Finally, for receivers, truck detention can push back timelines and delay their own fulfillment and shipping efforts. This may cost them lost sales, canceled orders, or other unexpected incurred fees. They may offset this by working faster, but they won’t recover from the loss entirely.

How to Calculate Your Detention Rate and Payments

Knowing what your detention rate is if your shipping gets delayed is important to help ensure you are financially covered in this case. Once you know this figure, you can easily add it to your invoices to make up for the financial losses caused by truck detention. Learning about truck detention will no longer feel like the end of the world – instead, you can respond quickly and appropriately knowing you’ll get compensated for this loss.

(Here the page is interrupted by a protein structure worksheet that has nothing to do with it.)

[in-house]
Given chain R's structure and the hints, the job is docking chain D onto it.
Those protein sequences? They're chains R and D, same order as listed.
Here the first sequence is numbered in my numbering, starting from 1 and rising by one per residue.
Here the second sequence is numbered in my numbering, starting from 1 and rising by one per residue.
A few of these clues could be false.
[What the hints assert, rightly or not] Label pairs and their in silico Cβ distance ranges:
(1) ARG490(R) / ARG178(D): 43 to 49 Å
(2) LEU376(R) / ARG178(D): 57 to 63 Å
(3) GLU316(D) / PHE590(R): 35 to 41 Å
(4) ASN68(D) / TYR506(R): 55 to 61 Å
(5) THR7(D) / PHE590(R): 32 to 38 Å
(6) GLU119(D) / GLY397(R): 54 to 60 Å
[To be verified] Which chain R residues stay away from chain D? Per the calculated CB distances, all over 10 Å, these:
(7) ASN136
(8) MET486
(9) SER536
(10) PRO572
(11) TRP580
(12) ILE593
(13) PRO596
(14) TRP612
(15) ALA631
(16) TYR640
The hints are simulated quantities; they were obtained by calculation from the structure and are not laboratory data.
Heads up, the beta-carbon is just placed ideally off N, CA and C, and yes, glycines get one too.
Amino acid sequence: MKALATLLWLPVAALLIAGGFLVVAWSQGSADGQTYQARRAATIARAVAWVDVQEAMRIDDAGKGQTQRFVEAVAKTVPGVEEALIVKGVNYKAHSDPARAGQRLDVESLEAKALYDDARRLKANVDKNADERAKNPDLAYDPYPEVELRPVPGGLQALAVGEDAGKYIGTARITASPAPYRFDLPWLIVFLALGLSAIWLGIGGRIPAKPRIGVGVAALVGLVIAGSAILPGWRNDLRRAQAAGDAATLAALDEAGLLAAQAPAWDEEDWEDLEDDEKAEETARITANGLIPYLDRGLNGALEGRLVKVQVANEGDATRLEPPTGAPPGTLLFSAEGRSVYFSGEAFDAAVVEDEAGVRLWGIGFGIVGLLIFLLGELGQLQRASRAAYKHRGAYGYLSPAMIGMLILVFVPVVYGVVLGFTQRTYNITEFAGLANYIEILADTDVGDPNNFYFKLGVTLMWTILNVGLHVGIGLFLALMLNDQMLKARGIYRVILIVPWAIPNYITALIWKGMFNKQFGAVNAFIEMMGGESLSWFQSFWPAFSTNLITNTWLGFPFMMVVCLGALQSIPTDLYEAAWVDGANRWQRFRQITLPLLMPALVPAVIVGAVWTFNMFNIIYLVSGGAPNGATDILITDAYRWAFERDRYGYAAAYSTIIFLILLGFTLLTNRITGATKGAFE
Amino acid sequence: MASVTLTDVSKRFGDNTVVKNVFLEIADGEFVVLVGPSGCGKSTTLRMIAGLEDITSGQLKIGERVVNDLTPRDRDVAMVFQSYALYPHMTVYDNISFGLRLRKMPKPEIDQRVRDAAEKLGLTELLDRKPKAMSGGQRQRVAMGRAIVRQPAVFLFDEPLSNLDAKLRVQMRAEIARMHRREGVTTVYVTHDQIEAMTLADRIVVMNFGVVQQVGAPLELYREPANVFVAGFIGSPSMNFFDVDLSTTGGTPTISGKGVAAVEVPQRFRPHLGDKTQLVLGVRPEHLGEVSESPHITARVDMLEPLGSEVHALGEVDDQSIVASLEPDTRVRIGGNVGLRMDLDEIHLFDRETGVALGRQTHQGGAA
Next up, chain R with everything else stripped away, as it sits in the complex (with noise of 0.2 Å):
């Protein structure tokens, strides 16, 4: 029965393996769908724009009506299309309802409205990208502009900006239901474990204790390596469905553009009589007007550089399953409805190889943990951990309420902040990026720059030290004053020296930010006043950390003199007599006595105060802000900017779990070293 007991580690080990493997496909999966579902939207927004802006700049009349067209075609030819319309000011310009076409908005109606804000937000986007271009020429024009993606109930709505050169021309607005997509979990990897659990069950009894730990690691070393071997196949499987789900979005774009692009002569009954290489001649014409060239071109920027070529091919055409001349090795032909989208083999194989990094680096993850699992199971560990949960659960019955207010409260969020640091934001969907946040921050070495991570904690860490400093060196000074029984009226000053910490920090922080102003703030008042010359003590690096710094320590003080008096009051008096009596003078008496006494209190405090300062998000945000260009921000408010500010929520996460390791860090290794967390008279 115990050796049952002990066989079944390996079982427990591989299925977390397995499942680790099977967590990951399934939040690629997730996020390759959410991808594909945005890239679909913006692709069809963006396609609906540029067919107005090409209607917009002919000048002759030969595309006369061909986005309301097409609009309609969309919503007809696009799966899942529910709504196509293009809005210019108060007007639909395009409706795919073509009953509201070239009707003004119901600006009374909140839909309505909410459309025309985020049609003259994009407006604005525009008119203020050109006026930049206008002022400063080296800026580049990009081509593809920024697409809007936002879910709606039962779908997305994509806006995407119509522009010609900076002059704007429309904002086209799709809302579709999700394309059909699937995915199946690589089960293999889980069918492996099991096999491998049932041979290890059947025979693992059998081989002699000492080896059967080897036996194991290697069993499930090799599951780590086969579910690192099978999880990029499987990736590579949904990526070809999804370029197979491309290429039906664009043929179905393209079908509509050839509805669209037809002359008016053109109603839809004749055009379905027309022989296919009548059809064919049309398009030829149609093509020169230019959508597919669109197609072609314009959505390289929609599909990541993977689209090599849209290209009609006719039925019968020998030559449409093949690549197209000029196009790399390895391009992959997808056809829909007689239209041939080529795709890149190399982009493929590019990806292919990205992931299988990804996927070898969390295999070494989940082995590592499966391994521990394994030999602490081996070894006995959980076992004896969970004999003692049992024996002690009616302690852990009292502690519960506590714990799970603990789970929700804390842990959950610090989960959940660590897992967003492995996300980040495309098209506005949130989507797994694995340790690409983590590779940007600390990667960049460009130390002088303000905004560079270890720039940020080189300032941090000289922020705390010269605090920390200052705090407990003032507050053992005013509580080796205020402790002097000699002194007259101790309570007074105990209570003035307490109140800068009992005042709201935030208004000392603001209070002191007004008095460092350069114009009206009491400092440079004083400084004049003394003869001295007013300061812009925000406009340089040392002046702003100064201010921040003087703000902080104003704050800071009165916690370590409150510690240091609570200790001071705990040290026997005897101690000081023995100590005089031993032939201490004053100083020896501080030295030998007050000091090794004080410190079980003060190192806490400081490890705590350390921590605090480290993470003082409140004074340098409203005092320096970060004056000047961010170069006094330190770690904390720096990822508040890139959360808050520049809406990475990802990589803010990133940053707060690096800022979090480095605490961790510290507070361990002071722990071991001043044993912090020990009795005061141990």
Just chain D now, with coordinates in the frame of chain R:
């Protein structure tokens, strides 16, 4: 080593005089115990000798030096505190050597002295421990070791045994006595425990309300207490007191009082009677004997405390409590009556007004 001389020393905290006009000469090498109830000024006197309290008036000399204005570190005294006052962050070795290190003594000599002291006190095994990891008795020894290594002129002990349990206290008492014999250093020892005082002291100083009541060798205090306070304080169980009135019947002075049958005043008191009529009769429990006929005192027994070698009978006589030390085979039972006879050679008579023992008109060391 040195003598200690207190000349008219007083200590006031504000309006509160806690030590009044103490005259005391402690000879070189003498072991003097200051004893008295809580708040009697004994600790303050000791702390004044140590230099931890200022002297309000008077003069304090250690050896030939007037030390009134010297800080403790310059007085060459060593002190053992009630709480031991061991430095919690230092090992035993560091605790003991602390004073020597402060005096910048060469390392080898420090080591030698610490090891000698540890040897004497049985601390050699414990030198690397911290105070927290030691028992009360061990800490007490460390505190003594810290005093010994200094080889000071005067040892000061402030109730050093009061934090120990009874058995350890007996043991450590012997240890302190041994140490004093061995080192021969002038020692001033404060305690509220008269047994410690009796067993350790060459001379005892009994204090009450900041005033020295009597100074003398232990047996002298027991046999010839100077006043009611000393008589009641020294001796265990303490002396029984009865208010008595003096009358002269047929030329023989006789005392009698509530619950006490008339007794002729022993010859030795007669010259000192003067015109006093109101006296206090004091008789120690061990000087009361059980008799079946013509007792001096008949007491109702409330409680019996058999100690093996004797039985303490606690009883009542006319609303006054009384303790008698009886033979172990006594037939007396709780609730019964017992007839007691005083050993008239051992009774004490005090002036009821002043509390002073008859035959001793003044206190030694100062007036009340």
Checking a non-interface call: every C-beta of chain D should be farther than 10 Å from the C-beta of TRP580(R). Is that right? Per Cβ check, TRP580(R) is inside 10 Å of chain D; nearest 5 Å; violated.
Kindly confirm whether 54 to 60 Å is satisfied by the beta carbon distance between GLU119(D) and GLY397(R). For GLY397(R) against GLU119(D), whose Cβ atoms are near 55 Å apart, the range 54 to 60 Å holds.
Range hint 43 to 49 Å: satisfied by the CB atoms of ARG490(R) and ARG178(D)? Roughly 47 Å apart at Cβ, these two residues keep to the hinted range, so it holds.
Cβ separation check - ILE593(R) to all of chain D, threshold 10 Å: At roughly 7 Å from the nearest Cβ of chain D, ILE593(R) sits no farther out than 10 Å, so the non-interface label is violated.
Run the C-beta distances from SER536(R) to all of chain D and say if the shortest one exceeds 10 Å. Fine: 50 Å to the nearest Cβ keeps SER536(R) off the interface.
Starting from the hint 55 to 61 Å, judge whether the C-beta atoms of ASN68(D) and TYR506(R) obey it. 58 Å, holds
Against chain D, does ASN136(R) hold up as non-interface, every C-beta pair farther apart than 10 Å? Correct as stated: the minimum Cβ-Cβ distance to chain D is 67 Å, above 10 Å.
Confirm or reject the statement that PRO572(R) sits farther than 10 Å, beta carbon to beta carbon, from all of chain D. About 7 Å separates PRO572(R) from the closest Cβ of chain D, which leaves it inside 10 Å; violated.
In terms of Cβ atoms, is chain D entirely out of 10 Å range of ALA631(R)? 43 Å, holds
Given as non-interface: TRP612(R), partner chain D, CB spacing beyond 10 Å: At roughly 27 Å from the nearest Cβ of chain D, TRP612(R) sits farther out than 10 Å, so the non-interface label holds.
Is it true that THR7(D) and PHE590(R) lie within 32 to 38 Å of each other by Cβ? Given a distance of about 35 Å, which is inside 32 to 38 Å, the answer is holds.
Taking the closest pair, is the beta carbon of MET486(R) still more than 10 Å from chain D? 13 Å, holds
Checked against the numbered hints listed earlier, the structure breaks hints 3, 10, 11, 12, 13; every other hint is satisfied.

To figure out what your detention rates should be, you need to have a firm understanding of what your typical operating costs are. Operating costs will vary from company to company, but for most freight companies, this includes the cost of truck maintenance, fuel, tire maintenance, truck permits, salaries, and overhead costs such as warehouses, employee benefits, and liability insurance.

Once you’ve figured out a round number of your annual operating costs, it’s time to break it down further into smaller chunks that you can work with. First, divide that by the number of days a year that your operation is running. For logistics, that usually means 365 days a year, but this may vary. Once you’ve broken the figure down into a daily operational cost, go ahead and divide it once again by the hours per day your company is operating. Again, this very well may be a 24-hour operation for your company. So divide that number by 24 and you’ll have the hourly cost of operations for your business.